On the campaign stage, pants are on fire all over the placeListen
Once upon a time, there was a president.
On this president’s watch, the American economy added nearly 8 million jobs.
Unemployment dropped by 2.5 percentage points, to a level below the norm for the previous 50 years.
Also on his watch, business start ups increased by 20 percent and business closings dropped 20 percent. Corporate profits soared, as did stock market indexes, while consumer prices rose more modestly than they had on average for the previous half-century.
The nation’s dependence on foreign oil hit a 40-year low. And the federal government’s annual budget deficit shrank by two-thirds from his high during the previous recession.
So far, this guy sounds like someone you’d expect to be very popular, maybe even in line to have his face carved into a mountainside. Care to guess who this economic and fiscal wizard was?
Ronald Reagan? Bill Clinton. No, a fellow named Barack Obama. A fellow whose approval rating right now stands at a thoroughly uninspiring 47 percent.
Just so you know, the statistics cited above come not from the White House press office or Rachel Maddow. They come from FactCheck.org, the Philly-based journalistic truth squad that is widely recognized as an honest broker.
Now, it’s true that anyone can use statistics selectively to shade or obscure the turf. It is also true that presidents ritually get too much credit form economic numbers when they’re good and too much blame when they’re rotten.
I could spend as many words as I just wrote above listing less-happy facts about the Obama tenure that disappoint his supporters, without even getting into all the ways he enrages his enemies.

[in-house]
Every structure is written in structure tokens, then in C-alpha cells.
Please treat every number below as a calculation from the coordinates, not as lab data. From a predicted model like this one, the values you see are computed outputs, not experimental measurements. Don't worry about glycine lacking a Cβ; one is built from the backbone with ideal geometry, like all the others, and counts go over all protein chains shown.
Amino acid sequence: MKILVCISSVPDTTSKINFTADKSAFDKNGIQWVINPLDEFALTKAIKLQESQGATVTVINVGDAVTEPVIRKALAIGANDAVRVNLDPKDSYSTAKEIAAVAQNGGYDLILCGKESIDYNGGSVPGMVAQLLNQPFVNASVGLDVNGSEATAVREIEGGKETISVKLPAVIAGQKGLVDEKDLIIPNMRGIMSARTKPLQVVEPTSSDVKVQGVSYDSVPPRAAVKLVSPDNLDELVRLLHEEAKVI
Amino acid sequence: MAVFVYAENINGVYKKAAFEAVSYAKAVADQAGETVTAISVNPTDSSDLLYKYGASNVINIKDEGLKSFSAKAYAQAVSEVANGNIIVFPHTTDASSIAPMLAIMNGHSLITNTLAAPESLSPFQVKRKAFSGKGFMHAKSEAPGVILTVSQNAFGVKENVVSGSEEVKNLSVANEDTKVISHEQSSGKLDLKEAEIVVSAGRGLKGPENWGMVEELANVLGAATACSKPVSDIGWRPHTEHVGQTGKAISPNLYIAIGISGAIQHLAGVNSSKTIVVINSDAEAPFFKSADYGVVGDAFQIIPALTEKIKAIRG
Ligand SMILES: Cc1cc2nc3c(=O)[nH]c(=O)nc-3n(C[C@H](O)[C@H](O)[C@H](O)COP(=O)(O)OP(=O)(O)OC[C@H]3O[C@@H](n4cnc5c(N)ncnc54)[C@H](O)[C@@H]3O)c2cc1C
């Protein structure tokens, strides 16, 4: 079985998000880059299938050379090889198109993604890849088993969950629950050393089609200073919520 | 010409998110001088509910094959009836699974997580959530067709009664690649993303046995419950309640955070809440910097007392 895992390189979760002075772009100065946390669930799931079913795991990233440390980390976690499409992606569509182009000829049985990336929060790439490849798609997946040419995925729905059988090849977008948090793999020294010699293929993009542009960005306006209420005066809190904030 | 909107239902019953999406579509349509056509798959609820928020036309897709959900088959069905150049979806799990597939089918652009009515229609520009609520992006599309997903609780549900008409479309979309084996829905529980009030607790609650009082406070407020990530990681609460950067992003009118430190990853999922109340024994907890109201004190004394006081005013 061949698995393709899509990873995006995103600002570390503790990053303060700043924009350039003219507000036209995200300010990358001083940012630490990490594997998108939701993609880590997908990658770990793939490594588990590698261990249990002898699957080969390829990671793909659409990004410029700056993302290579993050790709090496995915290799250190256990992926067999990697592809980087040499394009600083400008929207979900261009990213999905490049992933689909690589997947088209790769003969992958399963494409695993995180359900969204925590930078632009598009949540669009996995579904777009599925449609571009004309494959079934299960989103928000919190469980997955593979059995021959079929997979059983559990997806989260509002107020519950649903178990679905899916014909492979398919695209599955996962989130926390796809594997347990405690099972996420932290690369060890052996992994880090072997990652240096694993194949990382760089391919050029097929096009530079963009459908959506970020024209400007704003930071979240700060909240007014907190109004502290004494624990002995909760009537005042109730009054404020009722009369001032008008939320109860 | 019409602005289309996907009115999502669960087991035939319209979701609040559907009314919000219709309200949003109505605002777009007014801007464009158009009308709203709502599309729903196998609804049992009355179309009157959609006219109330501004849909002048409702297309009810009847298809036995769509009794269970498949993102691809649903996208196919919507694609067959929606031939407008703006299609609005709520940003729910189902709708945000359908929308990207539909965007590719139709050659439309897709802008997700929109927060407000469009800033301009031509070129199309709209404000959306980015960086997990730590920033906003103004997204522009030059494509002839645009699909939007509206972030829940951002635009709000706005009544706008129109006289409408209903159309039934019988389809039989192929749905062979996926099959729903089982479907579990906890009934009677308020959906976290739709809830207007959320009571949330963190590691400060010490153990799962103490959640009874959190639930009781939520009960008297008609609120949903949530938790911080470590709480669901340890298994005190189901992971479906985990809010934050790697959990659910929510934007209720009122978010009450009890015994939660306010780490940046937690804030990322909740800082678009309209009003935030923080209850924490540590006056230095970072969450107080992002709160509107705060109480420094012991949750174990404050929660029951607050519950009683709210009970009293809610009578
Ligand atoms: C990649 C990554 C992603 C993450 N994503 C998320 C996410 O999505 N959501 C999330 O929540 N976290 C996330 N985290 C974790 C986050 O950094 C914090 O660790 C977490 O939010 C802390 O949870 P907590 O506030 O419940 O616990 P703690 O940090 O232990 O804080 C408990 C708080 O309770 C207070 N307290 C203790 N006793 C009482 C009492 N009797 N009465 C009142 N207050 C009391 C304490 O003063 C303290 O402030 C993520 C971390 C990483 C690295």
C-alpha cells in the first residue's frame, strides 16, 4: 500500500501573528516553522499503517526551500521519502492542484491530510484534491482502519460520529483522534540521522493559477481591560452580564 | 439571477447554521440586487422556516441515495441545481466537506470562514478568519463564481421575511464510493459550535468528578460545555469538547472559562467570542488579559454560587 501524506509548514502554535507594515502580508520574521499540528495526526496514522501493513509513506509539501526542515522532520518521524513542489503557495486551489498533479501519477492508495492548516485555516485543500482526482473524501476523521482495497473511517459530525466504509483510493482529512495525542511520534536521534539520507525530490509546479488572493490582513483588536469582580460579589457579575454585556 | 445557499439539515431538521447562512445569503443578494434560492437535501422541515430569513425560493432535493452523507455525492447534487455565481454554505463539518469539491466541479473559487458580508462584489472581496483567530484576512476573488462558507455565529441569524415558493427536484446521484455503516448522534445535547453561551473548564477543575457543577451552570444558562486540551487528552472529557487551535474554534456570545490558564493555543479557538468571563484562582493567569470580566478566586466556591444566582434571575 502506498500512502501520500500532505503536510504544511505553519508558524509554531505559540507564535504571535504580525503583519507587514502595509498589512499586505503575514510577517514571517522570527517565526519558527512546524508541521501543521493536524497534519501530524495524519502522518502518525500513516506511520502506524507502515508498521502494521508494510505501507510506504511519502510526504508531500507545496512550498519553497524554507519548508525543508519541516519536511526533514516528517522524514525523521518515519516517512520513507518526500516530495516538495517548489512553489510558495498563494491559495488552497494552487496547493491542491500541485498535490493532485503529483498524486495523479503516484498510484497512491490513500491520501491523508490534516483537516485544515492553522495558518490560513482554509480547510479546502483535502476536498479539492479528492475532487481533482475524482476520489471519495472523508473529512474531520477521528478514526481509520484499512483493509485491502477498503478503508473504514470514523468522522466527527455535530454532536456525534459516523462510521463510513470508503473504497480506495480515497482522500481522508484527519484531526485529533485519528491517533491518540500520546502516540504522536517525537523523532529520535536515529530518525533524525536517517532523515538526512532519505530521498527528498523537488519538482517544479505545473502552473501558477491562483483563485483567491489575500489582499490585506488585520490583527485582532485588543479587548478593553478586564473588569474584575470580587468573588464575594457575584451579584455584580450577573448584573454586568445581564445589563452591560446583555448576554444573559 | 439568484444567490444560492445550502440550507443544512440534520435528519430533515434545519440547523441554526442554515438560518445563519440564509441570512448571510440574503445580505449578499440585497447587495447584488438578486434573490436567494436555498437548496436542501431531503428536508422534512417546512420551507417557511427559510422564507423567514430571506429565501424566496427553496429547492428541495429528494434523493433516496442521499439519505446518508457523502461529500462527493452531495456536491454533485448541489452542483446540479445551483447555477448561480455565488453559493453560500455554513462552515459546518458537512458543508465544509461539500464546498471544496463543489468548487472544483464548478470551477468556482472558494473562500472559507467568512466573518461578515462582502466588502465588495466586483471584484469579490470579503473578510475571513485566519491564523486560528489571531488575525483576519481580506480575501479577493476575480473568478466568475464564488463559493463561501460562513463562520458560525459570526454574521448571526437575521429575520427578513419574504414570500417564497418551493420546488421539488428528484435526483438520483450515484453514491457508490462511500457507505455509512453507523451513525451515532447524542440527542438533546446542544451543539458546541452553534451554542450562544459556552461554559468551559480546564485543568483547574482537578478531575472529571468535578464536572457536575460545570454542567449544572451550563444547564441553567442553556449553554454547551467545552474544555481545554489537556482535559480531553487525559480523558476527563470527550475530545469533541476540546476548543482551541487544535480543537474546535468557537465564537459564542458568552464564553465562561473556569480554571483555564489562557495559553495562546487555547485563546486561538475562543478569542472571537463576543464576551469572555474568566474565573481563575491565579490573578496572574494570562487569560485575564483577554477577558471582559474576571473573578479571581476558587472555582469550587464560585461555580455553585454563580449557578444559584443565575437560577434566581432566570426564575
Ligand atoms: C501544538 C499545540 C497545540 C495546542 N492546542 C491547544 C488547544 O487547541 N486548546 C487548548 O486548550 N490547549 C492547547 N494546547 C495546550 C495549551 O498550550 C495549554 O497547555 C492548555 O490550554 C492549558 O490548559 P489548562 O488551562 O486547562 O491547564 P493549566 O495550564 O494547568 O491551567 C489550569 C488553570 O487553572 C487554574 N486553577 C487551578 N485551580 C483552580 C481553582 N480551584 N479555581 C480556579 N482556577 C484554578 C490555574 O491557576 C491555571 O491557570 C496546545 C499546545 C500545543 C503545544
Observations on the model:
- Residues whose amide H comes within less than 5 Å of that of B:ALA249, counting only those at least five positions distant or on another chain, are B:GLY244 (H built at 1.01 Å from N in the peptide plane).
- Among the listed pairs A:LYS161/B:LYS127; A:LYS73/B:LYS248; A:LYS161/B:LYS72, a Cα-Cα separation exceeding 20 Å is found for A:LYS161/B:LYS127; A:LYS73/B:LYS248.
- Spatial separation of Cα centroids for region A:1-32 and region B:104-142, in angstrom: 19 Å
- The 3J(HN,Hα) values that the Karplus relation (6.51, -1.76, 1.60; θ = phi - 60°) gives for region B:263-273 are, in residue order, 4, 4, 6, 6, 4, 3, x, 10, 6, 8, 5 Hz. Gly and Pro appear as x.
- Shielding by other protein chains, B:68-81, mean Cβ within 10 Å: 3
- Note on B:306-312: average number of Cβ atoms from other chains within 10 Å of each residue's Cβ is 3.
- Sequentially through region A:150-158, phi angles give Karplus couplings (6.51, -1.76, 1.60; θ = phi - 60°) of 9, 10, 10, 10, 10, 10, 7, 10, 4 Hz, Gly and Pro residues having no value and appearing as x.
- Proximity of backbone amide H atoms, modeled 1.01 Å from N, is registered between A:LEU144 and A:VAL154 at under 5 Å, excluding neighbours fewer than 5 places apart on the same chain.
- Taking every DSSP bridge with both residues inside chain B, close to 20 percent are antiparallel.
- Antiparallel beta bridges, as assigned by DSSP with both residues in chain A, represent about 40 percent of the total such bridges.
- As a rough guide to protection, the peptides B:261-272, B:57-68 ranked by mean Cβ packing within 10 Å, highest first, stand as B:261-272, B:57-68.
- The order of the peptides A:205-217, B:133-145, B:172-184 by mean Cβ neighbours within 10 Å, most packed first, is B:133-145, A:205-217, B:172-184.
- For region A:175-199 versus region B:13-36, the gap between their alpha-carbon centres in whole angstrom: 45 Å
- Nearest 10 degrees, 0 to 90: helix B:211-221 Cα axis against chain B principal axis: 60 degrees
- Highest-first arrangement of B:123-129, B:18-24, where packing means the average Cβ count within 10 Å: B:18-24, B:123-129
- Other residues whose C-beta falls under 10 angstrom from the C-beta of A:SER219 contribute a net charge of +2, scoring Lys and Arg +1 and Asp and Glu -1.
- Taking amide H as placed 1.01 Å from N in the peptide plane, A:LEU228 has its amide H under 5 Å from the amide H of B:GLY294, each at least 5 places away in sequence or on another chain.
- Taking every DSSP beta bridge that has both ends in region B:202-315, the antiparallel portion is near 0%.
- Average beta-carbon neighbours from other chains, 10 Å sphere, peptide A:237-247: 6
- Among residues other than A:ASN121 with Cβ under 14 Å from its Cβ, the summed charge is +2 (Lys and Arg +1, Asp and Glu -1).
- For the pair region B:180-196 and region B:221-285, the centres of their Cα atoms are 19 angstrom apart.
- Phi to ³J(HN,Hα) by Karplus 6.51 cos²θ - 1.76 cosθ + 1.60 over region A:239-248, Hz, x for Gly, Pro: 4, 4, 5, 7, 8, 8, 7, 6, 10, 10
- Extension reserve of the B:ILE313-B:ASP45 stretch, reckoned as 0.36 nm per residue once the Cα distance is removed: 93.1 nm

But I bring all this up because we’re embarking on what bids to be a long, brutal, dispiriting presidential campaign, with a crowded stage of Republican aspirants. They are already vying to see who can ding Obama with the most memorable zinger.
As they mangle the facts, this motley crew is already keeping FactCheck.org frantically busy chasing down all the distortions and outright lies they are tossing about. (FactCheck goes after Democratic canards just as doggedly, but right now GOP gobbledygook is the growth business.)
I know I’m naive but I have to ask: Does political rhetoric today really have to begin with a lie?Couldn’t a candidate, for example, present a plan to boost manufacturing without first feeling obliged to lie about Obama’s not-so-terrible record on that front?
Can’t a candidate offer job growth ideas without resorting to the tired gambit of blaming Obama for economic woes that actually happened on George W. Bush’s watch, as Chris Christie did in his weakly supported claim that part-time work has exploded under Obama?
Apparently, it’s easier, more fun and a quicker path to plaudits from the cable chorus just to make stuff up.
FactCheck.org — don’t go away. We need you more than ever.
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